This thesis is divided into 4 chapters. Chapter 1 gives a brief explanation of what the Greeks are and why they are of interest in applied financial mathematics. There is also a short summary of the first attempts at numerical methods to calculate the Greeks as well as an introduction to Lévy processes.
Chapter 2 starts with some relevant results from Malliavin Calculus and proceeds to derivations of general expressions for the most important Greeks using Malliavin weights. It concludes with a mathematical argument that shows how these weights can be regarded as optimal.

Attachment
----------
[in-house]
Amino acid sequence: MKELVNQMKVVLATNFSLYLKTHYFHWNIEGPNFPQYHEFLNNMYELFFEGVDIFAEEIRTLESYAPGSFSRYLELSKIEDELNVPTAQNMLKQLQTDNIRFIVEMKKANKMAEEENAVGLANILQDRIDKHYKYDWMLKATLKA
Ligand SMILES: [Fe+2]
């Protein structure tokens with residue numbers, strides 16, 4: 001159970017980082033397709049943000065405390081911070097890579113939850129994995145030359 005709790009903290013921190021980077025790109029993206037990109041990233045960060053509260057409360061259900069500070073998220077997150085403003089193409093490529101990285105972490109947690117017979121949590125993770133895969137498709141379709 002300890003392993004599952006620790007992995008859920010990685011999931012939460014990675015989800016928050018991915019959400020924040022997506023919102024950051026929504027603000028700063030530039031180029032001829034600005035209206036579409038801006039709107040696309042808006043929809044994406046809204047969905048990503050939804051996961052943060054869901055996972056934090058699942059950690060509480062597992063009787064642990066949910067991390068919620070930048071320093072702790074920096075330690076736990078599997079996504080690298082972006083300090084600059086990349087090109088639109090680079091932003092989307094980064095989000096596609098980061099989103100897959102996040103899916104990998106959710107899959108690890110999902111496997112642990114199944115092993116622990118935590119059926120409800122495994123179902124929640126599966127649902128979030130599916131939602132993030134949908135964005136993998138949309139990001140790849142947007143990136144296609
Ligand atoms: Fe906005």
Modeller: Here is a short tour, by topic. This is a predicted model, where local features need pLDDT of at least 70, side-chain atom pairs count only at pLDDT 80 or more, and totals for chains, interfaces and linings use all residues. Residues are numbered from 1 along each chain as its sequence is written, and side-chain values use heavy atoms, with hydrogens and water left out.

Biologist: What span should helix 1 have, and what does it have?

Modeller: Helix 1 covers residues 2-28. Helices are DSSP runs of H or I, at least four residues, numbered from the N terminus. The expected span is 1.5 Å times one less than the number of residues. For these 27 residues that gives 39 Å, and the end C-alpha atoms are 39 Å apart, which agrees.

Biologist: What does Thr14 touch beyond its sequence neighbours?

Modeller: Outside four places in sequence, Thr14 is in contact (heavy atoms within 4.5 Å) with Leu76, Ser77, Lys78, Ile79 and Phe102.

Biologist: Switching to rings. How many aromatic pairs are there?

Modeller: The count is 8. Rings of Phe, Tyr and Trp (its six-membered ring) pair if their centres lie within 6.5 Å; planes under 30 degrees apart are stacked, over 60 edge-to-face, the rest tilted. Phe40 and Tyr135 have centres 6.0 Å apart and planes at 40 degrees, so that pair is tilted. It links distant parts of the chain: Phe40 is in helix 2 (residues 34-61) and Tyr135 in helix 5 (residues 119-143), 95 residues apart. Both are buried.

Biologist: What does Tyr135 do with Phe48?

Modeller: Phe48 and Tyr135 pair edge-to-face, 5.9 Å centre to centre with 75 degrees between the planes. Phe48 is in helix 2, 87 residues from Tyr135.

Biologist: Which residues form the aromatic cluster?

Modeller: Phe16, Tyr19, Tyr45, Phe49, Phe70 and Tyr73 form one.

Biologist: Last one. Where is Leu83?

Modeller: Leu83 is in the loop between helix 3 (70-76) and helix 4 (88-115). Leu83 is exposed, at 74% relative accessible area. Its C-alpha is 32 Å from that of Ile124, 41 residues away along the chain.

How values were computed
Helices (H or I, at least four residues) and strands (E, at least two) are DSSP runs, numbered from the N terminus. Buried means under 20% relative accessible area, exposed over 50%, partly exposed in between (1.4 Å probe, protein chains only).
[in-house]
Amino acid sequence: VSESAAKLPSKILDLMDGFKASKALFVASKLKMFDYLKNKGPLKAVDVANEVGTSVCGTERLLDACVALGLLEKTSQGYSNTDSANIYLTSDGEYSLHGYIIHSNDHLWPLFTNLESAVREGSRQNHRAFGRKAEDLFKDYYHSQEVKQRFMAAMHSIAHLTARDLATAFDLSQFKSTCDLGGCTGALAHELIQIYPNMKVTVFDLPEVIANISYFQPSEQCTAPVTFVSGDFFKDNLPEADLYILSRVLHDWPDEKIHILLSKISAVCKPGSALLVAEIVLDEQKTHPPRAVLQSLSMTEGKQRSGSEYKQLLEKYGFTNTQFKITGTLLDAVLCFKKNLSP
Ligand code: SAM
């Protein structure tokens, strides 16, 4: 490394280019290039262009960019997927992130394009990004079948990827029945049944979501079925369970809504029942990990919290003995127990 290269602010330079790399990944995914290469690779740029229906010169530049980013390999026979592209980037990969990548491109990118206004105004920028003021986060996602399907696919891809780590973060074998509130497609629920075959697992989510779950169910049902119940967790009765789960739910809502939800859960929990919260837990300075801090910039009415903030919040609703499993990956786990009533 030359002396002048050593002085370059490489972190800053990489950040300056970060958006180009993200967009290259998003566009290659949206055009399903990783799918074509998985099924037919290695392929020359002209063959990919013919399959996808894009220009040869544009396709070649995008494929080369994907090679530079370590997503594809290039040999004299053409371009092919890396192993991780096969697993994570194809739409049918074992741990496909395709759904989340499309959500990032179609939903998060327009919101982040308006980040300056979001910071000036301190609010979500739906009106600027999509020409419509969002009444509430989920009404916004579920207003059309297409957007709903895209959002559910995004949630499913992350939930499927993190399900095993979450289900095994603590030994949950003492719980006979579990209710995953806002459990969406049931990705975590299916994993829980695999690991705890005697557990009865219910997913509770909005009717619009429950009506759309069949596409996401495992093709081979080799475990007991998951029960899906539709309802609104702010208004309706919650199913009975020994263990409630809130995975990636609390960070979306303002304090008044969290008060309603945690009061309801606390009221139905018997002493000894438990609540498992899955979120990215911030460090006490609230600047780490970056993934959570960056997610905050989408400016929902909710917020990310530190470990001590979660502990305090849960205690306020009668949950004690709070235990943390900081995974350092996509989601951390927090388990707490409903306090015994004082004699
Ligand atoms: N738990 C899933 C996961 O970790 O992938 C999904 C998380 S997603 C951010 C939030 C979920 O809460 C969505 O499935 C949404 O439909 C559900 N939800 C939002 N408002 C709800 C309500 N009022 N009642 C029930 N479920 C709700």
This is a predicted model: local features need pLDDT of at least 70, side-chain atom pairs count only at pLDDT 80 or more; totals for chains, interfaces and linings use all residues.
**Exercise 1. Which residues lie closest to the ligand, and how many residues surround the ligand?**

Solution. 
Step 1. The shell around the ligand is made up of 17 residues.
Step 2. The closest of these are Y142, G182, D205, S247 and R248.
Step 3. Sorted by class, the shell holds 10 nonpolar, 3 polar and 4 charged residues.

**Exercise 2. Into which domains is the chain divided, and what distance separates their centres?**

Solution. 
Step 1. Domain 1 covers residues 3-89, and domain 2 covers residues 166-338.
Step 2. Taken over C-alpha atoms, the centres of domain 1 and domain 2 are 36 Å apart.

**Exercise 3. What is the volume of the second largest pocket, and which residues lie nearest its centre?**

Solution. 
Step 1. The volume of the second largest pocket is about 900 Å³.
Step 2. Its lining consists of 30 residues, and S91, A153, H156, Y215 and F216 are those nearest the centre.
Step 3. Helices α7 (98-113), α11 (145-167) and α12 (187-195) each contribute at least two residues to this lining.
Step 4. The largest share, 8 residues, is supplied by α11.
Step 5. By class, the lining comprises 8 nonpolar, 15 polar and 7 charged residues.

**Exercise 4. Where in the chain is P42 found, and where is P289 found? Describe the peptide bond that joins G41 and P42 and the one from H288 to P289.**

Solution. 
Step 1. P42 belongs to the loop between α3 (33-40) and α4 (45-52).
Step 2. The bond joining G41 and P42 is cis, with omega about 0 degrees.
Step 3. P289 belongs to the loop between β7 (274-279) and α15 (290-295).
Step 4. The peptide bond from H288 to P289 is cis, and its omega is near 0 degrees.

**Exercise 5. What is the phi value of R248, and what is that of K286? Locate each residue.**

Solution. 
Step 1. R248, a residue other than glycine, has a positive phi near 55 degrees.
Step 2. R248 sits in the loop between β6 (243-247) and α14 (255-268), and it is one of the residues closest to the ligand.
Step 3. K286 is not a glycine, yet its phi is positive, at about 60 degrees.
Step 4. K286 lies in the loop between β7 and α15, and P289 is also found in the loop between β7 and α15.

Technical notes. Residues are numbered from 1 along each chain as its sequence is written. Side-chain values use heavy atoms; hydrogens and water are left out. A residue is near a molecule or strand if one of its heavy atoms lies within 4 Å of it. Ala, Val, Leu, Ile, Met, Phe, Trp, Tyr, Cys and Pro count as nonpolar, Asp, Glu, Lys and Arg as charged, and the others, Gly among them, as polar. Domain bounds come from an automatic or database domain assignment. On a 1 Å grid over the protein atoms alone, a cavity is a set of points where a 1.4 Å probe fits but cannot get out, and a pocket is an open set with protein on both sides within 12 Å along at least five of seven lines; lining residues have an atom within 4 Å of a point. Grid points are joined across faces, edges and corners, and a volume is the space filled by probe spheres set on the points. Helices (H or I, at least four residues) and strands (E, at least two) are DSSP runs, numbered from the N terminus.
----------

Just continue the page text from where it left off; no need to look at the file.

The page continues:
Chapter 3 introduces stochastic volatility models followed by some more detailed analysis of a specific stochastic volatility model called the Barndorff-Nielsen and Shephard model. The technicalities involved in doing the necessary simulations for this model are discussed and implemented in Matlab.
Chapter 4 contains a summary and outlines possible extensions to this thesis.